# Prime factorial proof

Prove or disprove: If n is an integer and n > 2, then there exists a prime p such that
n < p < n!.

Consider the prime factors of n! - 1

CRGreathouse
Homework Helper
Bertrand's postulate, anyone?

Bertrand's postulate, anyone?

That's way over-kill.

Just consider the prime factors of n! - 1, that's a one-line proof for this problem

I considered Bertrand's Postulate but as hochs said it got messy.i still cant figure it out

I considered Bertrand's Postulate but as hochs said it got messy.i still cant figure it out

are there prime factors of n! - 1 that is less than n?

That's way over-kill.

Just consider the prime factors of n! - 1, that's a one-line proof for this problem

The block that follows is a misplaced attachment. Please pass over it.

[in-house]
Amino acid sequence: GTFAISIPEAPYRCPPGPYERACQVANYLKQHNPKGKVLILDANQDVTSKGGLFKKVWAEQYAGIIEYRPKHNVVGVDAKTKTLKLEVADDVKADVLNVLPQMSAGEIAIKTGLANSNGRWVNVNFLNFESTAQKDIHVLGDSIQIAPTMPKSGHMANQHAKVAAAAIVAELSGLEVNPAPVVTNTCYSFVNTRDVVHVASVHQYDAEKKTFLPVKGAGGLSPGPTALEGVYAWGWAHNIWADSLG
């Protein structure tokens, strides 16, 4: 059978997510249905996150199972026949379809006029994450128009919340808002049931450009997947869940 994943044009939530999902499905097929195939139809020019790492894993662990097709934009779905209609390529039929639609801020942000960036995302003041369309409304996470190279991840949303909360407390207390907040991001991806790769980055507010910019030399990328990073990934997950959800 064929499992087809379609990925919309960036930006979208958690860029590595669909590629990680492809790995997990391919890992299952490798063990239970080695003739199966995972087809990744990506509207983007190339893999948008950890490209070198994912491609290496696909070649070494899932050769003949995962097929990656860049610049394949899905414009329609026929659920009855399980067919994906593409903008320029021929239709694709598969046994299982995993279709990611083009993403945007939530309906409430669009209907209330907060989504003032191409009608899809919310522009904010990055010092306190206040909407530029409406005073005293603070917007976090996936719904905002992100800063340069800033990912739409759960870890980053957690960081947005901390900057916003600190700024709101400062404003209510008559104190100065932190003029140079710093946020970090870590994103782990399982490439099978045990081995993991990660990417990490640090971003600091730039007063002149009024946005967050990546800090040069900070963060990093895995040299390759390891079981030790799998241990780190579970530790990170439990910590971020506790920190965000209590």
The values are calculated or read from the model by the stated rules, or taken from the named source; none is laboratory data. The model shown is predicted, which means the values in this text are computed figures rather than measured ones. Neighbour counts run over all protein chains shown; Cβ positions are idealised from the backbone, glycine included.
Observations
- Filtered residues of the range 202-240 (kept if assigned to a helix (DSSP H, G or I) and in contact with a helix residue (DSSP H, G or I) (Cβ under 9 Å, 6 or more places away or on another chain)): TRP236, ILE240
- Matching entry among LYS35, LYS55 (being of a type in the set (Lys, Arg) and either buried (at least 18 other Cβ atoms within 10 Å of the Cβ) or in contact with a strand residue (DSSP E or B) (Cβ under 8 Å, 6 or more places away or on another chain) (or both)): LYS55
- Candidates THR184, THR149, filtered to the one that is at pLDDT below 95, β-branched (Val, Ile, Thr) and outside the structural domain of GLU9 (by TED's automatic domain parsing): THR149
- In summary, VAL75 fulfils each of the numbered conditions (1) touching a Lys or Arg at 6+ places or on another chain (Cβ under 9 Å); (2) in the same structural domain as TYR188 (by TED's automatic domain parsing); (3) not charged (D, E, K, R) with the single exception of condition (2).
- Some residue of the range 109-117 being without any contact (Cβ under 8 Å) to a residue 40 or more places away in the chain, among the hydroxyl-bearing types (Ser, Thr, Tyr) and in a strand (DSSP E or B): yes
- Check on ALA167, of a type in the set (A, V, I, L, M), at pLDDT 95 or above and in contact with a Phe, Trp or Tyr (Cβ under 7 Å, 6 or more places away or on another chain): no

Here's one way to think about it, kingtaf...

Take, for example 5! = 1 * 2 * 3 * 4 * 5 = 120

120 (modulo 5) = 0
120 (modulo 4) = 0
120 (modulo 3) = 0
120 (modulo 2) = 0

Then, what does that make 119 with respect to those moduli? -1, right? Meaning that 2, 3 ,4 and 5 cannot divide 119 evenly. But, by the unique factorization theorem we know that 119 has prime divisors, either 119 if 119 is prime (it isn't) or some combination of primes, each of which is greater than n = 5.

In this case, the divisors of 119 are 7 and 17. 7 > 5. 17 > 5.

I'm using 5 here for demonstration purposes, but hopefully it is plain to see that it doesn't matter what n is. The same logic will hold.

Thank you everyone I got it.

After Hoch's hint using n! - 1, I figured it out. It's actually pretty simple. I feel really stupid!